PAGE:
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Leading world researchers from the Columbia University Medical Centre in New York have found that botox, the injection renowned for providing the rich and famous with flawless, ageless skin, can be used as a treatment for stomach cancer.
The rejuvenating anti-wrinkle treatment has found to be effective at slowing tumour growth within stomach cancer patients by blocking nerve signals that stimulate the cancer stem cells. It prevents the nerve cells in and around the tumour from releasing a chemical signal called acetylocholine. In the orthodox practice of the injection, Botox blocks acetylocholine which helps reduce wrinkles by temporarily paralysing face muscles. Acetylocholine has also been linked to stimulating cell division, so using it to prevent and suppress stomach cancer tumour growth makes sense.
Botox is made from the toxin botulism bacteria, and have proved to be ‘highly effective’ at preventing and suppressing stomach cancer within mice in a clinical trial – results which have led to the launch of an early clinical trial for humans with stomach cancer in Norway.
Botox mirrors the effect of ‘vagotomy’, the surgical removal of the branches of the gastric vagus nerve which helps regulate processes linked to digestion.
Head scientists, Dr Timothy Wang said: “Scientists have long observed that human and mouse cancers contain a lot of nerves in and around the tumours cells. We wanted to understand more about the role of nerves in the initiation and growth of cancer, by focusing on stomach cancer. We found that blocking the nerve signals makes the cancer cells more vulnerable – it removes one of the key factors that regulate their growth.”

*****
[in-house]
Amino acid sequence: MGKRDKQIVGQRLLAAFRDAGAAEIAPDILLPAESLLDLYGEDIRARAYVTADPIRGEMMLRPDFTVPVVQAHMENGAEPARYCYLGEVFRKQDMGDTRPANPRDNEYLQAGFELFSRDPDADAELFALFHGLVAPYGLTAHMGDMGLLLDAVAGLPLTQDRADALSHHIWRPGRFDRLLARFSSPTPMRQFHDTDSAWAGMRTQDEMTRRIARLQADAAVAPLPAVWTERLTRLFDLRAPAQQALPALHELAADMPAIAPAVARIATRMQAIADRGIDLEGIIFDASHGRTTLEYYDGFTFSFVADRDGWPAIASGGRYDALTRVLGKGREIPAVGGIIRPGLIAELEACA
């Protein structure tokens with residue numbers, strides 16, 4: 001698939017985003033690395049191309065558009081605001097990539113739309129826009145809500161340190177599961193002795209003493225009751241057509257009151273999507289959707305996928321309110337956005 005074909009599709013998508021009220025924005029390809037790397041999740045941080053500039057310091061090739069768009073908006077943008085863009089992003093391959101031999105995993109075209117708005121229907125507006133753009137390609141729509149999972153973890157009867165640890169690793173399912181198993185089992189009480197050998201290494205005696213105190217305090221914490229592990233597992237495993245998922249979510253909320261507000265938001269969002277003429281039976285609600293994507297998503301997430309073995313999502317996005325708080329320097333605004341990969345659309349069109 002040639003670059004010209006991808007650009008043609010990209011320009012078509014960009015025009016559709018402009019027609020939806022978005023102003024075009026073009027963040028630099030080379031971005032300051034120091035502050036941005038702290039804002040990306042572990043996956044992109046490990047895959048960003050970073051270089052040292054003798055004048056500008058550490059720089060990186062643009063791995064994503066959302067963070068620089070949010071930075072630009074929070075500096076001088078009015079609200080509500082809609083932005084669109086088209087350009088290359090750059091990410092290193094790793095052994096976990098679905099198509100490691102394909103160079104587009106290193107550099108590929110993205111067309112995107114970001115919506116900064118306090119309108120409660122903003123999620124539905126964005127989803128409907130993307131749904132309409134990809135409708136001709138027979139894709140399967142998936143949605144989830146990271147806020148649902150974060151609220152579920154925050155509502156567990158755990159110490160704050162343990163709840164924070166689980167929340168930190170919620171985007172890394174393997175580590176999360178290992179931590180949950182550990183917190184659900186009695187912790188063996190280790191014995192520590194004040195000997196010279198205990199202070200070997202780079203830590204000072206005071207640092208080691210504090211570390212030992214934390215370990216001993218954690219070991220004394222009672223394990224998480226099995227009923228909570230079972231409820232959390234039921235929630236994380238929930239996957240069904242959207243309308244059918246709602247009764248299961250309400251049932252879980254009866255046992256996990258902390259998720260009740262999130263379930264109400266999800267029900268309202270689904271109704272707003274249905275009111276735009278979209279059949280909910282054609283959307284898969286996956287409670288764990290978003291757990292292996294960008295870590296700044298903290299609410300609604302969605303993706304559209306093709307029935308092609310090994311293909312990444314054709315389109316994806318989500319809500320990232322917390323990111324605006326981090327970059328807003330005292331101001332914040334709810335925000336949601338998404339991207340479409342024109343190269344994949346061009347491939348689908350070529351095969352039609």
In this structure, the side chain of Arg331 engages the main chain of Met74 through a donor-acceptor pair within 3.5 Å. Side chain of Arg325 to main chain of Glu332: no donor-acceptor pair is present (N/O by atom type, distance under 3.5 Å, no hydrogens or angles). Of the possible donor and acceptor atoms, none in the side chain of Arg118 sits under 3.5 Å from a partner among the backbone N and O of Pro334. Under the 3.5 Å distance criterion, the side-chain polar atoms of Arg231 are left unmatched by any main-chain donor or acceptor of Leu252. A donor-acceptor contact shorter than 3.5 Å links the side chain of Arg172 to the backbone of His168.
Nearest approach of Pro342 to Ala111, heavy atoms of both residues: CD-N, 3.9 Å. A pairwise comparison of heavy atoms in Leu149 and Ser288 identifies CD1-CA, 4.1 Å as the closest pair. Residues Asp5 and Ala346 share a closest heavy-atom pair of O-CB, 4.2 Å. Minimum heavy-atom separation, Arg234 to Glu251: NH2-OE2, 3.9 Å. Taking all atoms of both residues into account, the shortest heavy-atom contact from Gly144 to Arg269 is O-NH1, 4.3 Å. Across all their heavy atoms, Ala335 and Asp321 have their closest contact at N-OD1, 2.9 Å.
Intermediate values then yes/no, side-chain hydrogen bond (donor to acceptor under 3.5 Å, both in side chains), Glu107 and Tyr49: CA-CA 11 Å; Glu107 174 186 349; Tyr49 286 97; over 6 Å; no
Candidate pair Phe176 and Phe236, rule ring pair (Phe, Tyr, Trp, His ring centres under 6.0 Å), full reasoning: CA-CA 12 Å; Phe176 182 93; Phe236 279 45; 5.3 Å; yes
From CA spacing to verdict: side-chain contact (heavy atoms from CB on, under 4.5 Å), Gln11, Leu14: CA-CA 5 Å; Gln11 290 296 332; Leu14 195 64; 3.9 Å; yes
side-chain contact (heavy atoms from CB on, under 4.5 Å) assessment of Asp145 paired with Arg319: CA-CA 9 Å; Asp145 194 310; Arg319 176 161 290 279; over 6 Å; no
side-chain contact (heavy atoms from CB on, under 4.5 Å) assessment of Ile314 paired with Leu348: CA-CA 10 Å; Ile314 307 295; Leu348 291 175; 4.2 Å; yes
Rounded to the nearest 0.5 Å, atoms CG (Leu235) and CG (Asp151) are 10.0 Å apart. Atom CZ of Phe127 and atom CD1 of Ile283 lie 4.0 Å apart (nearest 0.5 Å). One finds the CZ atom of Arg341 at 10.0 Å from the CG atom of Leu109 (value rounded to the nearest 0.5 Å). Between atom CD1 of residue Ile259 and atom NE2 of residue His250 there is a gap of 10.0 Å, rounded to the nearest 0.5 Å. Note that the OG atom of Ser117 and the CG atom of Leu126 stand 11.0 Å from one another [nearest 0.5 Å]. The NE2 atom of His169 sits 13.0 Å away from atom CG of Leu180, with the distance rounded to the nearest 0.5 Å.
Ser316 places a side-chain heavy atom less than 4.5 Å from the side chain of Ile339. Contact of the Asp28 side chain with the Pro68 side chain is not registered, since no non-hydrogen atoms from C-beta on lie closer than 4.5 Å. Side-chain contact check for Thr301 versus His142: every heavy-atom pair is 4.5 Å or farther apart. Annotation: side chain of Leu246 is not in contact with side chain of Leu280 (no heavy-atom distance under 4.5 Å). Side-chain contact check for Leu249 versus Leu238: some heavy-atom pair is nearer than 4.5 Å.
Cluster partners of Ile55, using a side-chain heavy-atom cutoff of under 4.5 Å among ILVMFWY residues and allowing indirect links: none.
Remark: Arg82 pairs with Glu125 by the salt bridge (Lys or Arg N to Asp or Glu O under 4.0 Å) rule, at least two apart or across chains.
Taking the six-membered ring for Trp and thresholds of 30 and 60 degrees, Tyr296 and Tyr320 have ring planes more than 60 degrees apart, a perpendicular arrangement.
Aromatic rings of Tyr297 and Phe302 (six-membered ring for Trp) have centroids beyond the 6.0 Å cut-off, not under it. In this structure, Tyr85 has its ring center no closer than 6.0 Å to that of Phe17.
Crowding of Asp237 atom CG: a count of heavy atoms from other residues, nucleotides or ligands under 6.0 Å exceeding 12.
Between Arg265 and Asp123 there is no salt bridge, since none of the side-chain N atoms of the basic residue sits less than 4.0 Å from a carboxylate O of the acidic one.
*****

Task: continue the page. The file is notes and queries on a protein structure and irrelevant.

Professor Duan Chen, from the Norwegian University of Science and Technology said: “The anti-cancer effects [from using Botox] were remarkable, it actually surprised us. The finding that Botox was highly effective was particularly exciting. We believe this treatment is a good treatment because it can be used locally and it targets the cancer stem cells. The Botox can be injected through gastroscopy (a thin tube passed through the mouth to the stomach) and it only requires the patient to stay in the hospital for a few hours.”
Botox injections are generally considered to be a lot less toxic than most standard cancer treatments, as it causes hardly any side effects and is relatively cheap in comparison.
Combining the nerve-targeting treatment of Botox with traditional chemotherapy may be the newest and most effective approach to fighting stomach cancer. Studies have shown that removing the nerve signals, using treatments such as Botox makes cancer cells more susceptible to chemotherapy drugs. In mice, the combination of both Botox and chemotherapy boosted stomach cancer survival rates by 35% compared to chemotherapy alone.
“In the future, we’d really like to look at how we can use this method of targeting nerves to stop the growth of more advanced tumours,” said Doctor Wang.
This technique could be more effective than any other cancer treatment for stomach tumours currently on the market and available to the general public, especially in conjunction with a drug which blocks receptors on the surfaces of tumours which are sensitive to the Botox compounds.